If there is, I don’t know where it is. There is on the other hand, passages of scripture, as well as other historical accounts, that seem to indicate that we are to stand firm on matters that might violate our conscience.
This is the fourth in a four part series where we will look at examples of standing firm – making a sacrificial decision in order to not violate our conscience. These are not stories, fables, legends or illustrations. All are well documented historical accounts. Two are from the bible and two are from military history.
Davey Crockett, James Bowie and William Travis were 3 of some 200 men defending the Alamo against a Mexican army numbering in the thousands. Their names are recognized to this day as American icons. Why?
Are they known as incredibly stupid? Are they known for ignoring their newly appointed Commander in Chief – Sam Houston – order to abandon the indefensible Alamo? Are they known for being losers? Were they pathetic victims? Were they known for their craftsmanship and skill?
They, together with their comrades, are known for their courage!
Not just known – remembered! To this day “Remember the Alamo” is the battle cry of many causes.
Here’s the deal. The Alamo was indefensible. In fact, the Texans had recently taken it from the Mexicans. Now the Mexicans were coming to take it back. There was plenty of time to abandon the make shift fortress. Remember the phrase “line in the sand”? That originated from Lieutenant Colonel William B. Travis. Addressing his rag tag troops, he used his sword to draw a line in the sand and called upon them to cross it and muster on the other side only if they were willing to sacrifice their lives in battle. Perhaps it took as much courage to not cross the line as it did to cross it.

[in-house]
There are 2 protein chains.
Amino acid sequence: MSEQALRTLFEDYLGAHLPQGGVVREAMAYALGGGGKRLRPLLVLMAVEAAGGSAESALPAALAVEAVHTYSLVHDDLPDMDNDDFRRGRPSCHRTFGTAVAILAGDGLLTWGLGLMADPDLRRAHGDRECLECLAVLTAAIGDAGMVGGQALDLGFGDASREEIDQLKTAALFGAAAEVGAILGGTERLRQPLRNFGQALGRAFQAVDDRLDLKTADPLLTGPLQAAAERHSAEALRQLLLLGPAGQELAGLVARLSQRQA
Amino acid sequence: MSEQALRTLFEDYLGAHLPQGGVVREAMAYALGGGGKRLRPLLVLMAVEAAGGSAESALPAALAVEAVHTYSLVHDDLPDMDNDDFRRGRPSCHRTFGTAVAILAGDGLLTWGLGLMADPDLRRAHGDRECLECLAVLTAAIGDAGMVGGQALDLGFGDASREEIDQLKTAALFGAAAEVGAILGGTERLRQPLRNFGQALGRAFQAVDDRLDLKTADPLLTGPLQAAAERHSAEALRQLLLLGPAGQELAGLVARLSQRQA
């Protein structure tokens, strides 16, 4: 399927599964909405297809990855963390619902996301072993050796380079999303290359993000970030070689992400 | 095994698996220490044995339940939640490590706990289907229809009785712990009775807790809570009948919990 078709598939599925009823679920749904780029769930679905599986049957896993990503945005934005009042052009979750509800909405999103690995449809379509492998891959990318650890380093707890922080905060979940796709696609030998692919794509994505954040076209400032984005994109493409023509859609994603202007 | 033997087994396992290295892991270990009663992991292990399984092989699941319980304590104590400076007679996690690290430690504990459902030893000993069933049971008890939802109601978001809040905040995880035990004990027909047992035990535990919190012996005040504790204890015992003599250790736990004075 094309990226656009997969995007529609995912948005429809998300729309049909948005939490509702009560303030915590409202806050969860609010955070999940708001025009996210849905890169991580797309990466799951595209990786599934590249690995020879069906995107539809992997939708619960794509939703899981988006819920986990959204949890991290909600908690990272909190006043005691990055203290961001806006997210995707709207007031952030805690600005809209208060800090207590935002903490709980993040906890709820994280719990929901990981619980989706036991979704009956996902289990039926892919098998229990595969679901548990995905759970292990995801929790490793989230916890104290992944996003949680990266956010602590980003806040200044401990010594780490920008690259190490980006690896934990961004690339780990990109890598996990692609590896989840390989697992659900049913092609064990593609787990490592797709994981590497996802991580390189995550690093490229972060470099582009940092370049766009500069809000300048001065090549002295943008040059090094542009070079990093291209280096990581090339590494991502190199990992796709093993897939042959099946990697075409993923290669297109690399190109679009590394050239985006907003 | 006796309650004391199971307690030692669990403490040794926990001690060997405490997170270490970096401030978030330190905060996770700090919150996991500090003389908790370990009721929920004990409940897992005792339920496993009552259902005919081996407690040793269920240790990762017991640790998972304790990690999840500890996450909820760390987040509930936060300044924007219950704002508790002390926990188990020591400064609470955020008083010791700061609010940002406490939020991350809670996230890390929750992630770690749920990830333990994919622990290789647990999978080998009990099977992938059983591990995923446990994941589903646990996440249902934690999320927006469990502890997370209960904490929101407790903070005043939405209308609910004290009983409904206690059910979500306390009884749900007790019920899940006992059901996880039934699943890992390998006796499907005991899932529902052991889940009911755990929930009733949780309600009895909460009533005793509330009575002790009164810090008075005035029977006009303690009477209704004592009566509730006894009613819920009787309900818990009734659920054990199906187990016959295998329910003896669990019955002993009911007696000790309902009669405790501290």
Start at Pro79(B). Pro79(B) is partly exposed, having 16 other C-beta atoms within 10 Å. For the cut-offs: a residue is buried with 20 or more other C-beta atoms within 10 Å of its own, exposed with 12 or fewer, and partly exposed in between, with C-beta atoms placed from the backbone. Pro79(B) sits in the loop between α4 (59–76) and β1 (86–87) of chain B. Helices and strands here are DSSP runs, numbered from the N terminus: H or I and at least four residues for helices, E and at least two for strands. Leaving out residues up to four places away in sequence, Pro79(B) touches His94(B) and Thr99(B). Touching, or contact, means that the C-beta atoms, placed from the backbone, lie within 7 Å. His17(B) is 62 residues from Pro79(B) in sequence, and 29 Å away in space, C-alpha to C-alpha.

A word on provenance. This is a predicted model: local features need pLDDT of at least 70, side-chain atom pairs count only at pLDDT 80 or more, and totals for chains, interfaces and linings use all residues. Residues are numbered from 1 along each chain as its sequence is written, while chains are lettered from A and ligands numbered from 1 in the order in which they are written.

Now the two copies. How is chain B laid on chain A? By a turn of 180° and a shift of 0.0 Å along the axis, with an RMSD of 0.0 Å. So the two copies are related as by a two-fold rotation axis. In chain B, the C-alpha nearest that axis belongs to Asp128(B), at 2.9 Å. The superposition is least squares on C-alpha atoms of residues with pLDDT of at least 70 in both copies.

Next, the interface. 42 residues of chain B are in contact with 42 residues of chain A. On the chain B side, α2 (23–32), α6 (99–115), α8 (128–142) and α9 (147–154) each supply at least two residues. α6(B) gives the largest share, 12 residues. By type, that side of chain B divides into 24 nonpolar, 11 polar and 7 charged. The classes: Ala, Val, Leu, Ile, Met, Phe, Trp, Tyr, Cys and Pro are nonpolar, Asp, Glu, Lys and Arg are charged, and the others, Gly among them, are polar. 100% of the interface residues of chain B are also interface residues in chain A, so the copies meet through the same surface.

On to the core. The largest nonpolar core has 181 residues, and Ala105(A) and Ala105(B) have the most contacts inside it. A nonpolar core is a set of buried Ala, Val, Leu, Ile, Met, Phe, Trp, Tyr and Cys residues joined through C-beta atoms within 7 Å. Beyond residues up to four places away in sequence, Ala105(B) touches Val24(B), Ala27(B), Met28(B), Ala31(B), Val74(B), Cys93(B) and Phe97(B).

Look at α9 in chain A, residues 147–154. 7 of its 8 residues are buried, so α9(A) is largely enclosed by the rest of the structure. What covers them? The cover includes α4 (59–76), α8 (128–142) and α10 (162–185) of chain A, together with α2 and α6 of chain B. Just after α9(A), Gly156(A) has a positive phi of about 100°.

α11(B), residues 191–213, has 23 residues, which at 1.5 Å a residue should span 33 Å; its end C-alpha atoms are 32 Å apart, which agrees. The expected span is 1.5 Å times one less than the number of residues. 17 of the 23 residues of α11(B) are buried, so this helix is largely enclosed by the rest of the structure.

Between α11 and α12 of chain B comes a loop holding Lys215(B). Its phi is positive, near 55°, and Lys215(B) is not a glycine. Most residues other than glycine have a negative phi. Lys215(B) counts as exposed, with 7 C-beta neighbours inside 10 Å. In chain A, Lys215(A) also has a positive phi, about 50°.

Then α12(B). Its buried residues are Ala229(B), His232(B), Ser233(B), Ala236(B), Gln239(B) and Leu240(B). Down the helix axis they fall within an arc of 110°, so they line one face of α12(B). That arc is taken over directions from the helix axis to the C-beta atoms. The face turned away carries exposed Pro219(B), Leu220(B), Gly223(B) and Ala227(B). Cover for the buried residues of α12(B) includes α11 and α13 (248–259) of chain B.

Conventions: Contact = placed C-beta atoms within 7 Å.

For the Texans it was a suicide mission. Although eccentric, Generalismo Santa Anna was a formidable leader – he thought he was Napoleon reincarnated. Thousands of well equipped Mexican soldiers were arrayed to retake the Alamo. He had offered surrender, but with the warning that no quarters would be given. That means no prisoners taken.
The rest is history. The Alamo fell – but only after 13 days of battle. Those 13 days cost Santa Anna 1600 men by some accounts. More importantly, it cost him 13 days. It was a victory that Santa Anna could ill afford. Those 13 days allowed Sam Houston to prepare the resistance, but perhaps even more importantly, “Remember the Alamo” inspired the Texans to fight on to victory.
What inspired the rag tag defenders of the Alamo? The strategic importance of holding that ground? Fear of Santa Anna? Fear for their lives?
None of the above. They gave their lives. Not in fear. Not in desperation. Not in incompetence. But in faith. Faith that the cause they fought for was more important than one battle – or even their own lives. Faith that their just cause would prevail in the end.
And it did!
Life will draw lines in the sand. There will be times when any decision you make will be problematic. Even not making a choice will be a choice – and perhaps a bad one. “The lesser of two evils” option will confront you. Those times will test your resolve. You will either act in fear, or in faith. When that time comes:
Remember the Alamo!
When faced with a decision that offers a choice between the lesser of two evils, is your decision going to be based on faith – or fear?
2 Timothy 1:7 (KJV)
7 For God hath not given us the spirit of fear; but of power, and of love, and of a sound mind.
That’s what I think. I’m interested in your thoughts. There’s lots of ways to hit me up so let me hear from you.
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